Frederick took hold of the reporter with both hands, dragging him towards the door as he desperately tried to break free.
“You’re gonna regret this, do you hear me?! I’ve seen what the Shadowman can do! You’ll be sorry! You’ll be so-” Frederick shut the door behind him.
The voices began to creep into Richtofen’s thoughts, sensing his growing stress as the implications of a multiverse frazzled his mind. He heard the distinguished voice of the Shadowman say, “ You understand now the significance of your work, don’t you? We seek to share the power of the Aether with all worlds like yours. ”
Richtofen stammered, “I- I- I am humbled. He spoke of many versions of himself across a multiverse… Does this mean there are more of… me?”
The Shadowman chuckled heartily, “Indeed, Edward Richtofen can be found across many dimensions, serving under our guidance. They are each similar, but unique in their own purpose. This revelation will not alter your path, but it will propel you forward upon it.”
“Who was this Mr. Rapt he spoke of? I have never seen the Vril Vessel being referred to as the ‘Seal of Duality’ in Jebediah Brown’s writings.”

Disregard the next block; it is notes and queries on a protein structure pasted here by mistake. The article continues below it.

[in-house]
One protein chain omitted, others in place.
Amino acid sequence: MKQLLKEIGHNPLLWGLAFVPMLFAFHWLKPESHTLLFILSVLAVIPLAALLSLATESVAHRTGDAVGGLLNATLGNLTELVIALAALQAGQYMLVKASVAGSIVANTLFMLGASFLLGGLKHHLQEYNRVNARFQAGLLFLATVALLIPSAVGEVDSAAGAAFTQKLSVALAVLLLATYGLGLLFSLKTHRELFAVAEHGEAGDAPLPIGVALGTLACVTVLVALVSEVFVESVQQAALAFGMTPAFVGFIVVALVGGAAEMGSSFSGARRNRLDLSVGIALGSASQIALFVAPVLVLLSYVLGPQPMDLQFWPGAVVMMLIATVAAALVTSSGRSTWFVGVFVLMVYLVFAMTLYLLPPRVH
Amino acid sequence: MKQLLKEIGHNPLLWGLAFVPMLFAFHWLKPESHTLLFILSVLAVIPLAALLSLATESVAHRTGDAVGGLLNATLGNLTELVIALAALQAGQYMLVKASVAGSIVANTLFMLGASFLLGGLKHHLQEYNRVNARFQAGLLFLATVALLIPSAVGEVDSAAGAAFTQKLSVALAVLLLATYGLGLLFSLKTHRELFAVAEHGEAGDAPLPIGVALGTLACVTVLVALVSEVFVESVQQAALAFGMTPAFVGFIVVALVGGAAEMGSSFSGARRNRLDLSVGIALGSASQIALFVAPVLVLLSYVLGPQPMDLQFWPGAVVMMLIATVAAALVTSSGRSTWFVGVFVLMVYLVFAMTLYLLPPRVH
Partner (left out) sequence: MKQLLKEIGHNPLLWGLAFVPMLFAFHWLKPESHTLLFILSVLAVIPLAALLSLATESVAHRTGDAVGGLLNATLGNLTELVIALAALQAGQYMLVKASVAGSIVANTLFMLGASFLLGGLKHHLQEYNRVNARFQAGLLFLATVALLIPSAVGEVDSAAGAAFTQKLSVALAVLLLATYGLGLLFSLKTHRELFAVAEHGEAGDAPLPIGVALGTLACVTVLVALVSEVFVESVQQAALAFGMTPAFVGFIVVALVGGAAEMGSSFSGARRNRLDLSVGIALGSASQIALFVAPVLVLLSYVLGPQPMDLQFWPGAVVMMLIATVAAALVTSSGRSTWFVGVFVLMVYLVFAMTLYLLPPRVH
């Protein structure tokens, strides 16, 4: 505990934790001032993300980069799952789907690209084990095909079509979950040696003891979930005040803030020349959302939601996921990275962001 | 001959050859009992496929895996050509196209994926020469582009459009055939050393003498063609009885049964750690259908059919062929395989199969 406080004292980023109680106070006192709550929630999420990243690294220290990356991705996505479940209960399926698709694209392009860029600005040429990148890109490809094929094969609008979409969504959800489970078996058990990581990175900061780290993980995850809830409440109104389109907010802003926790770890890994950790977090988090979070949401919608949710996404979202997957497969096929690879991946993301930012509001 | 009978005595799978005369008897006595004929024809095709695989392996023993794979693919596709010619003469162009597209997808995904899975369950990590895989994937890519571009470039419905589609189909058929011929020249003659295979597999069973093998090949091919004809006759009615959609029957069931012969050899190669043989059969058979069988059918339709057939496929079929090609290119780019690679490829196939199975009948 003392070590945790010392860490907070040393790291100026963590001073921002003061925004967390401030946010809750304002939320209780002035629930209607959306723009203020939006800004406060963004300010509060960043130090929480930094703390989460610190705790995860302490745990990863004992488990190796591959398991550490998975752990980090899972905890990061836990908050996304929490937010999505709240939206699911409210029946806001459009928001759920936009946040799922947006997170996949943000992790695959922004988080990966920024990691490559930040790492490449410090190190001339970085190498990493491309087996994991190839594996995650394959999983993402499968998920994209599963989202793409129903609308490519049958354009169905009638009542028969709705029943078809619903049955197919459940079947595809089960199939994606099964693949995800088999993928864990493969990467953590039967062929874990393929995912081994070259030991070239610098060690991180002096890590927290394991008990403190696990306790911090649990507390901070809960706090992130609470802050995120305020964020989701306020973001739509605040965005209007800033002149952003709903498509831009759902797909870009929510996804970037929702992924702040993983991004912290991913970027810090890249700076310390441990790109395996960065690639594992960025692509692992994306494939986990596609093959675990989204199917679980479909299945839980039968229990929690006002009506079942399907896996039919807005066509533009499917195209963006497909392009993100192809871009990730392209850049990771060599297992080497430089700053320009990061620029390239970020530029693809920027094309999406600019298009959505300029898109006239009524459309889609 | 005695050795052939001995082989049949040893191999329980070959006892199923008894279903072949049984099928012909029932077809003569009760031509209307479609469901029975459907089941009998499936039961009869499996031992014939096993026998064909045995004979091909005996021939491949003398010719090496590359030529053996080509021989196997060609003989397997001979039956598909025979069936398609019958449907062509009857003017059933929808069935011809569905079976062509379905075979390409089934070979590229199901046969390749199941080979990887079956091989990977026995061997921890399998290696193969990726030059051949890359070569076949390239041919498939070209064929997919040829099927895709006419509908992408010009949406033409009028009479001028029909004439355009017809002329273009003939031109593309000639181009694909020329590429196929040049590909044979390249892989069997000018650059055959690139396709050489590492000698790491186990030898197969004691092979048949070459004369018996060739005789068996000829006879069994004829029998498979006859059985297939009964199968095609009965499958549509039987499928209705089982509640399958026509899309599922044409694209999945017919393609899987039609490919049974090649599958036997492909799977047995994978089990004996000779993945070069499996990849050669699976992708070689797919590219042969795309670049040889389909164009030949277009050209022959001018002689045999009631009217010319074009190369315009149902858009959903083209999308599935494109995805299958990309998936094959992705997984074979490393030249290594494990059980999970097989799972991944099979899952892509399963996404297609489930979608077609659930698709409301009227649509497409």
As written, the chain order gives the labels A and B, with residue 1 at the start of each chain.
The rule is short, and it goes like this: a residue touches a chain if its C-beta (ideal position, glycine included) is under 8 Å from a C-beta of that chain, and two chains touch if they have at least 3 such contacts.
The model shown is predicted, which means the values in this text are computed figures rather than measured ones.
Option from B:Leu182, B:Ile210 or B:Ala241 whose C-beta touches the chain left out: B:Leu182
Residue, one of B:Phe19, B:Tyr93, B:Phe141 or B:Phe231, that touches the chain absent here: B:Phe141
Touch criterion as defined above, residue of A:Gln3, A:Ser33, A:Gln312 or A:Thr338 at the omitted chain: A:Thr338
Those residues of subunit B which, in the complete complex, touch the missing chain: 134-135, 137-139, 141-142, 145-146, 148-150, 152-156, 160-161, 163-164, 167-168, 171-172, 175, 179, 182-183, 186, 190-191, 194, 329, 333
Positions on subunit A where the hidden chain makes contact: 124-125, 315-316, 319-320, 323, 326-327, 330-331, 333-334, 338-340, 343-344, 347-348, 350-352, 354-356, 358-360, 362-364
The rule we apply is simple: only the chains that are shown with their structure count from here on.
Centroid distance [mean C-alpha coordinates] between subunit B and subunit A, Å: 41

The Shadowman spoke candidly, “Pay him no mind, Edward. He is a pawn in a larger game, serving our needs as well as yours. It will all begin to make sense with time, Doctor. Continue your work for the Apothicons, and one day, we promise, you will meet one of your reflections.”
Richtofen nodded, as he gazed up at the ceiling, “I will. I have no doubt in my own purpose; Our purpose.”
“If one lesson is to be learned today, it is to keep what belongs to you close at hand. You never know who may wish to take it from you.
The voices began to dissipate, and Richtofen’s attention returned to the world around him, which now seemed so much smaller. He pushed the chair under the desk, coming to his feet and pacing around the room to think over the current situation.
The intruder’s, and by extension, the Shadowman’s interest in the Vril Vessel intrigued Richtofen. While he had partially dismissed the American blacksmith’s writings found three years prior, he was now beginning to believe they, and the artifacts recovered from his estate, held much greater significance. The Vessel was meant to be a component, one of three, for the ‘Agarthan Device.’ It supposedly could bend reality to the creator’s will, but the remaining two components eluded the blacksmith. Perhaps there is more that can be done with Group 935’s technology to create these components.
Richtofen looked to the icy shoreline outside the hill-side laboratory, and the currently active lighthouse guiding disguised German cargo ships into the port of the facility. Richtofen lamented that even after Hitler’s death, Group 935 must continue to bow to the needs of the Nazi Party, now hiding out around the world through Die Spinne and this damned “Group 601”. When Maxis shared the news that Group 935 would continue to be funded by the Party, he also shared another interesting tidbit that pleased Richtofen.